Proliferation of interstitial fibroblasts is a hallmark of progressive renal fibrosis commonly resulting in chronic kidney failure. The intermediate-conductance Ca2+-activated K+ channel (K Ca3.1) has been proposed to promote mitogenesis in several cell types and contribute to disease states characterized by excessive proliferation. Here, we hypothesized that KCa3.1 activity is pivotal for renal fibroblast proliferation and that deficiency or pharmacological blockade of KCa3.1 suppresses development of renal fibrosis. We found that mitogenic stimulation up-regulated KCa3.1 in murine renal fibroblasts via a MEK-dependent mechanism and that selective blockade of KCa3.1 functions potently inhibited fibroblast proliferation by G0/G 1 arrest. Renal fibrosis induced by unilateral ureteral obstruction (UUO) in mice was paralleled by a robust up-regulation of KCa3.1 in affected kidneys. Mice lacking KCa3.1 (KCa3.1 -/-) showed a significant reduction in fibrotic marker expression, chronic tubulointerstitial damage, collagen deposition and αSMA + cells in kidneys after UUO, whereas functional renal parenchyma was better preserved. Pharmacological treatment with the selective K Ca3.1 blocker TRAM-34 similarly attenuated progression of UUO-induced renal fibrosis in wild-type mice and rats. In conclusion, our data demonstrate that KCa3.1 is involved in renal fibroblast proliferation and fibrogenesis and suggest that KCa3.1 may represent a therapeutic target for the treatment of fibrotic kidney disease.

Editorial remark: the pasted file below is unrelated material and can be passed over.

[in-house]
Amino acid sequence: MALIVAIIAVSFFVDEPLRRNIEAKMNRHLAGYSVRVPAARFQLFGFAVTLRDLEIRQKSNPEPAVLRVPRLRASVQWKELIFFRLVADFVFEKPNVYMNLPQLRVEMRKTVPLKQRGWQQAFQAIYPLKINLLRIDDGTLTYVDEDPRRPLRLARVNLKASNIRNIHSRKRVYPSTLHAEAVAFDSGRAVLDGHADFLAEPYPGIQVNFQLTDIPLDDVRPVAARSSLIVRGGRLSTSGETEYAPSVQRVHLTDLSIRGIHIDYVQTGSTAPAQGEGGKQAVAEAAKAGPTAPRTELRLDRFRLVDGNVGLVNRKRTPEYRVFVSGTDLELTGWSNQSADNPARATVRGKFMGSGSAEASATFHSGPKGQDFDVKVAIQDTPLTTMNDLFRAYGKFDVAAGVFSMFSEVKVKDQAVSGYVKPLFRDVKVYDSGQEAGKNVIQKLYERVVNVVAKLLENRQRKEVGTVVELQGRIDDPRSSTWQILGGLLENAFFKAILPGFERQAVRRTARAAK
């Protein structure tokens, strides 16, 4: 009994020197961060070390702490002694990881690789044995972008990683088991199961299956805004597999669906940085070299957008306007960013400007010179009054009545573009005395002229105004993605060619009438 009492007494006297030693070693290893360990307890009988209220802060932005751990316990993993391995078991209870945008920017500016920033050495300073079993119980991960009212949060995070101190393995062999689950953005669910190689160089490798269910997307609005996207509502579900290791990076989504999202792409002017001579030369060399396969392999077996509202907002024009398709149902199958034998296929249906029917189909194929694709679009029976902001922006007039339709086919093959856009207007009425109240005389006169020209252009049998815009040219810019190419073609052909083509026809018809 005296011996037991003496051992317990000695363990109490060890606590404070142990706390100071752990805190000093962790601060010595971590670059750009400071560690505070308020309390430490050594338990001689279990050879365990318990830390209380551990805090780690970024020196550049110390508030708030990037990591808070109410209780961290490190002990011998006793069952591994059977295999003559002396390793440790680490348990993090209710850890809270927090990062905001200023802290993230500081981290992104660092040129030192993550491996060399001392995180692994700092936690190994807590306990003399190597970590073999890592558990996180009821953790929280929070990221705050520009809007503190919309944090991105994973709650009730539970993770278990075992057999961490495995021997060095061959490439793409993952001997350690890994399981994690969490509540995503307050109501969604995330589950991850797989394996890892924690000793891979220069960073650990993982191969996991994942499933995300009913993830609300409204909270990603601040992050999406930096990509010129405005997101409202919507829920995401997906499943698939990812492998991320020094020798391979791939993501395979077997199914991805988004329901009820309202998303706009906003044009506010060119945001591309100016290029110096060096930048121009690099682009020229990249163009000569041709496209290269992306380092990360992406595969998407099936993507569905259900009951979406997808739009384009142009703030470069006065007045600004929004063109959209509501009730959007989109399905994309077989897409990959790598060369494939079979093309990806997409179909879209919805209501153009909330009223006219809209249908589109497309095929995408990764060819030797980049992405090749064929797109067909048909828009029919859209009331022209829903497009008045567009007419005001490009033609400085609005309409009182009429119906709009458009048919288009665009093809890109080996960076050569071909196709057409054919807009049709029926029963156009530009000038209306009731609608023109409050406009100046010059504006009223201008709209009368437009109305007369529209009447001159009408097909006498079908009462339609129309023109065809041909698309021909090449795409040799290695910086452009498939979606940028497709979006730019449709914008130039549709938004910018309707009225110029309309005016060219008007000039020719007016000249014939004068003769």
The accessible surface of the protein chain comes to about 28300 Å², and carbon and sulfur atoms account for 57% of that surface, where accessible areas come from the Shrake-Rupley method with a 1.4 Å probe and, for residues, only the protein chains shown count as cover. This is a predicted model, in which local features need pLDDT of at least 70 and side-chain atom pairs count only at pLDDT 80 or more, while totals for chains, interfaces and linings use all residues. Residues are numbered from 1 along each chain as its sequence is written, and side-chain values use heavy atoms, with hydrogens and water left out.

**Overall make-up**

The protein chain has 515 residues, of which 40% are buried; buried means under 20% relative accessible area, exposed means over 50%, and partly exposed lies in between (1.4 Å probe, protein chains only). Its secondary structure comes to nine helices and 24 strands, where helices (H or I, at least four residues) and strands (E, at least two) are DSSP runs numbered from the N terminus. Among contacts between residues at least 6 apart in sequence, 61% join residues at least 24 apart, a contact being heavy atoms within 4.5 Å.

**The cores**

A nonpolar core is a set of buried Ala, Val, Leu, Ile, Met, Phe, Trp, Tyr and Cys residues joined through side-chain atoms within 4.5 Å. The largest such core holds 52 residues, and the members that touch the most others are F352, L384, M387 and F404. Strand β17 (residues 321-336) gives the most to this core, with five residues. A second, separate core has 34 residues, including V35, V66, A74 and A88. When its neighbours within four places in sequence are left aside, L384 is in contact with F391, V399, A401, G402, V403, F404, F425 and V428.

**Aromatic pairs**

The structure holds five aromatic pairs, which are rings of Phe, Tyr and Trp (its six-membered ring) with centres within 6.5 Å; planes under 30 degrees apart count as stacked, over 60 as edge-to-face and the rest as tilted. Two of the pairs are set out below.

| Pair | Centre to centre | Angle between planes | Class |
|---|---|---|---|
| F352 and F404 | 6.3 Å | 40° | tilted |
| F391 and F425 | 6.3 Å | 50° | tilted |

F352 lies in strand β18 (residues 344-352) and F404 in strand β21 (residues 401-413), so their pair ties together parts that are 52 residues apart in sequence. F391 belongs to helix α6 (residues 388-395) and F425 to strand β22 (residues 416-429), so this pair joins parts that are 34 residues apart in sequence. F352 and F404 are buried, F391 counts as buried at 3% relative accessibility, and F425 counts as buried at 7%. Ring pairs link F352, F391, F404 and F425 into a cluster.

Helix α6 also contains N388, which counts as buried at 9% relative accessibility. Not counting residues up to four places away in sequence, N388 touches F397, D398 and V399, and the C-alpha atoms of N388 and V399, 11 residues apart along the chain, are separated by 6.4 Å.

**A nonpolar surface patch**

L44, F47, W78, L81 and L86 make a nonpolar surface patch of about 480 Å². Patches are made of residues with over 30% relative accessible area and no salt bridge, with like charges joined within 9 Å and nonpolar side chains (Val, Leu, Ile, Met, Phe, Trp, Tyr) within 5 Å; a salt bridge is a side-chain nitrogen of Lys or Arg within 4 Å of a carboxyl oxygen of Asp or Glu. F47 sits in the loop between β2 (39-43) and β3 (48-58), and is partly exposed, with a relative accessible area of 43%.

|Original language||English (US)|
|Number of pages||6|
|Journal||Proceedings of the National Academy of Sciences of the United States of America|
|State||Published - Aug 25 2009|
- Ion channels
- Organ fibrosis
ASJC Scopus subject areas